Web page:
Campaign against tax evaders misses targets by 93%

FBR officials only able to collect Rs356 million; most taxpayers claim to have earned incomes abroad.

Shahbaz Rana July 02, 2011


The government’s much-vaunted campaign against tax evasion appears to have hit a snag, with officials at the Federal Board of Revenue (FBR) being able to collect only Rs356 million from alleged tax evaders against a target of Rs5 billion for the last quarter of the fiscal year, after most taxpayers claimed to have earned their incomes abroad.

Of the 71,000 individuals who had been served notices by the FBR, about 26,740 have filed their returns and paid Rs356 million in taxes, almost 93% less than the government’s target for the last quarter of the fiscal year ending June 30, 2011.

The government has compiled data on 2.3 million people as potential tax evaders and begun pursuing about  700,000 of them in the first phase. The campaign against tax evasion is a key element of Islamabad’s strategy to show the International Monetary Fund that it is serious about fiscal reform.

That its pool of potential tax evaders have managed to minimise their tax liabilities using legal loopholes comes as a disappointment to senior tax officials. Under current tax laws, income earned outside Pakistan is not subject to any taxes. Others have claimed agriculture as the source of their income, which is not taxable by the federal government.

FBR Chairman Salman Siddiqui said that the government would be investigating the veracity of the claims by those who filed their returns that stated their source of income as being outside the country.

The FBR claims that after scrutinising the returns of 17,134 individuals, it had raised provisional tax demands collectively worth Rs5.8 billion. If the provisional demand is not challenged within a specified time frame, it becomes the final tax liability.

While progress against individual tax evaders has been slow, the government seems to have had a little more success in detecting evasion at corporations, collecting Rs4.3 billion in taxes after auditing several leading commercial banks.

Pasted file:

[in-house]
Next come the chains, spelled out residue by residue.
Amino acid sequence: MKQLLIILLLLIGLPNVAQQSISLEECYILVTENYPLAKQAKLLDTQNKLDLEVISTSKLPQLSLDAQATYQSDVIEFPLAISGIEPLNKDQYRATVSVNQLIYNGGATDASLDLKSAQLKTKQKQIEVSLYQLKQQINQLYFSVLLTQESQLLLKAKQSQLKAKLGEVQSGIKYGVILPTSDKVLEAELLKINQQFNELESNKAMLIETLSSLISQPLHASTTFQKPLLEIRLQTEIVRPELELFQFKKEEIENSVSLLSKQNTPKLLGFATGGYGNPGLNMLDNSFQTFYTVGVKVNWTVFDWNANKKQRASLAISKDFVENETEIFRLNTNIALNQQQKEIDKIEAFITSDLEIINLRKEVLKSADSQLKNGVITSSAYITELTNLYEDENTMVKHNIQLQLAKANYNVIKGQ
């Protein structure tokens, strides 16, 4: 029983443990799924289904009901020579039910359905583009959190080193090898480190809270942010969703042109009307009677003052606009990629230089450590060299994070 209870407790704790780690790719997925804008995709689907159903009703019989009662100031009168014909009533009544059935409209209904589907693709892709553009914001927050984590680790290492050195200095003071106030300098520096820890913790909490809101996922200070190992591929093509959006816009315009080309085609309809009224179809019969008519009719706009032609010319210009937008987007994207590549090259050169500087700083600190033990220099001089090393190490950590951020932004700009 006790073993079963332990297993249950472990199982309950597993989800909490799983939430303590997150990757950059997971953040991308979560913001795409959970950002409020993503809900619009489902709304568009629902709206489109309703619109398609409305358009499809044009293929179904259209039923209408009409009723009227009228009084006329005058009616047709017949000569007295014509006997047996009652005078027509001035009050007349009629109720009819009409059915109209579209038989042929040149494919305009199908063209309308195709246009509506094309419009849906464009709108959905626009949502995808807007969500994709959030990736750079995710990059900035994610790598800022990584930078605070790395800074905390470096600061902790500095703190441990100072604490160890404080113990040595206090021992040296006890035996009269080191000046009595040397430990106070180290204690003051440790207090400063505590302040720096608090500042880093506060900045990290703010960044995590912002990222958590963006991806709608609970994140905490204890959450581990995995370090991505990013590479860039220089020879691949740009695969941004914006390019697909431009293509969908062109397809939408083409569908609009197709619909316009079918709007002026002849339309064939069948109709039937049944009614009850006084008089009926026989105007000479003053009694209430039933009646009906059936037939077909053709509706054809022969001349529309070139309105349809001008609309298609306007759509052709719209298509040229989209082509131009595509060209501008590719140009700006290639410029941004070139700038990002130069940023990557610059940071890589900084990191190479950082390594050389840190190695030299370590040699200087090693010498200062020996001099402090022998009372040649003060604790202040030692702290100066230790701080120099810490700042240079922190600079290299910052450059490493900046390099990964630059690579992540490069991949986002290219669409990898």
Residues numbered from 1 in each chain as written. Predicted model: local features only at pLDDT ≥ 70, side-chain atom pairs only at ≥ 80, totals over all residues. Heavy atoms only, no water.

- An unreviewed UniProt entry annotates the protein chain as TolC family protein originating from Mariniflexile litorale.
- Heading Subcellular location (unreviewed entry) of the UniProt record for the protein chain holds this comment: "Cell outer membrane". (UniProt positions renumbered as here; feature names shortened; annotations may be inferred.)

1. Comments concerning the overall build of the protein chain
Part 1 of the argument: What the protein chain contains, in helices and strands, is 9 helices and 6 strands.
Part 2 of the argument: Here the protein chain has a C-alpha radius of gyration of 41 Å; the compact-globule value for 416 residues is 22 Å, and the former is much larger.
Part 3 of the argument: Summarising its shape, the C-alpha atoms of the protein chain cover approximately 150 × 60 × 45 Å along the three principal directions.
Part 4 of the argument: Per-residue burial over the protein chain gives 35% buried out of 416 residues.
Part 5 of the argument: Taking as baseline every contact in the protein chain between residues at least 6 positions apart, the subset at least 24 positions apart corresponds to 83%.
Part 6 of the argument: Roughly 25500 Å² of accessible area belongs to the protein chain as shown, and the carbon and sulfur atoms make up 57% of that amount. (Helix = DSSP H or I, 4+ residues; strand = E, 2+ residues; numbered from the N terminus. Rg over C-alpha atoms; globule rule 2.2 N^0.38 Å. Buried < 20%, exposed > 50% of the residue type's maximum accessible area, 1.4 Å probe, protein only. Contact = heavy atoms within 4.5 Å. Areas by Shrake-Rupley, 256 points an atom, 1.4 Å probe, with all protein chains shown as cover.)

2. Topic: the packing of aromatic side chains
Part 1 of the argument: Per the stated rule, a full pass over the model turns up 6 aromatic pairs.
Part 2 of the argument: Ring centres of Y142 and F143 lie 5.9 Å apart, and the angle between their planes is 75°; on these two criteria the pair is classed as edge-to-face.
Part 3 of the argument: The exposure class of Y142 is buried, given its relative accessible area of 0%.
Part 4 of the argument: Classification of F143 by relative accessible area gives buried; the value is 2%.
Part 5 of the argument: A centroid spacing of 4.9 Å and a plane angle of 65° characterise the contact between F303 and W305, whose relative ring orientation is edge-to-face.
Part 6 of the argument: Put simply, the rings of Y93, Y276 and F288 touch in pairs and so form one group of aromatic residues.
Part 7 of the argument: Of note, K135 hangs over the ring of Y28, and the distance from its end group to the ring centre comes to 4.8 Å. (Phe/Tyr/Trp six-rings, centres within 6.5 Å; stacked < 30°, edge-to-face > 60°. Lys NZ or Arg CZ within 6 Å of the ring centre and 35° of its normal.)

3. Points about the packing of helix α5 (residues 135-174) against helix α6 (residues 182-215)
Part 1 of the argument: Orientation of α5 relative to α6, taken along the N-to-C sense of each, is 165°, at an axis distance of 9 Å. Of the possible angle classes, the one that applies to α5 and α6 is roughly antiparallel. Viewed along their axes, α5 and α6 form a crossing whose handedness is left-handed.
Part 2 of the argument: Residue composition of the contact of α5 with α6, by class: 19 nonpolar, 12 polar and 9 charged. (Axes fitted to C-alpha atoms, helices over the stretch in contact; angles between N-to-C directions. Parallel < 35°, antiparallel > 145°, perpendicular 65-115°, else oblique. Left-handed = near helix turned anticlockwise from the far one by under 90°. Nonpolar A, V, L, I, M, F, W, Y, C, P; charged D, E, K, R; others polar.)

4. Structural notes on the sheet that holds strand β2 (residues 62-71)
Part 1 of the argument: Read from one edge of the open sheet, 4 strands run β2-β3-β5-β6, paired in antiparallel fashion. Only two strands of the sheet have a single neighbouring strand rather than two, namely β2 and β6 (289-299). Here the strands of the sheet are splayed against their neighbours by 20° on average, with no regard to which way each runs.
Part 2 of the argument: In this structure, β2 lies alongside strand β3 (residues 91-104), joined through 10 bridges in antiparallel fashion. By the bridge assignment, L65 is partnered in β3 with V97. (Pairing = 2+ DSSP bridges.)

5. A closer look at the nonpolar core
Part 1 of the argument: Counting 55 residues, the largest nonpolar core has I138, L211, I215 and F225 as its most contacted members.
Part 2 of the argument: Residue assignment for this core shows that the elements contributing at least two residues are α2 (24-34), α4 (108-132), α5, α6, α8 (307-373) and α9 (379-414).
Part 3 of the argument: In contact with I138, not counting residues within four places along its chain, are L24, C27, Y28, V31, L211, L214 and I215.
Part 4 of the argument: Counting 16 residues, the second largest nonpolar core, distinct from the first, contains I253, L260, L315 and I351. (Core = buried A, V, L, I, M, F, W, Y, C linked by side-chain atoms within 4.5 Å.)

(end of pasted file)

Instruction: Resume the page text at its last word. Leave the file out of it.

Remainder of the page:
The FBR claims that Standard Chartered Bank deposited Rs1.4 billion in taxes with the tax authorities after admitting to short-filing – submitting less in taxes to the government than it collected from its counterparties as a tax withholding agent. The National Bank of Pakistan deposited Rs2.2 billion, Habib Bank Rs240 million, United Bank Rs170 million, Faysal Bank Rs150 million and Bank Alfalah Rs930,000.

The banks, however, claim that the government has been engaging in excessive pressure tactics to meet its revenue targets. The FBR had initially demanded up to Rs30 billion from the banks, of which Rs20 billion was from the state-owned National Bank alone. The FBR later revised that demand downward to Rs8.4 billion after NBP contested it.

Avoidance of double taxation

To avoid double taxation, the federal government on Friday withdrew the federal excise duty on 10 services after handing over the right to do so to the provinces. These services include advertising, travel agencies, shipping agencies, telecommunications, insurance, banking companies, property developers, construction, stock brokerages and terminal services.

These services will now be subject to a provincial sales tax, rather than the federal excise duty, effective July 1.

Published in The Express Tribune, July 2nd, 2011.


Meekal Ahmed | 11 years ago | Reply @Dr. Ehtisham Ahmad: I hope I did not say the author was wrong. If that was the impression given, I apologize. My angst was directed at his saying that we are doing this because of the IMF and I suggested that we should be doing it for ourselves. Where I do think the report is misplaced is in regards to this business of "foreign income". I have just checked with an eminent tax lawyer and he informs me that provided this income is called or declared to be "remittances", it cannot be taxed as per section (111) 4 of the law! Isn't that simply incredible? So half the fat-cats have agriculture income and the other half have "foreign income", neither of which are taxable. What a great country to live in!
Dr. Ehtisham Ahmad | 11 years ago | Reply @Meekal Ahmed But Mr. Shahbaz Rana is right. If you have a tax administration staffed by babus who have never understood or wanted to understand the principles of arms length administration, and meet an artificial target (almost to the last paisa) by refusing or delaying refunds, including prepayment of next year's taxes, or requiring payment on the basis of inflated assessments including on the dead and non-residents (and assuming that courts will take years to decide); or just plain extortion--they end up doing irreparable damage to the chances of getting a clean and efficient administration that is so badly needed. The former Portuguese government tried the same tricks to fool the IMF--and claimed a balanced budget. It turned out to be a deficit of 7% of GDP. One does not fool the IMF, one just makes matters worse by fooling oneself. Ehtisham Ahmad
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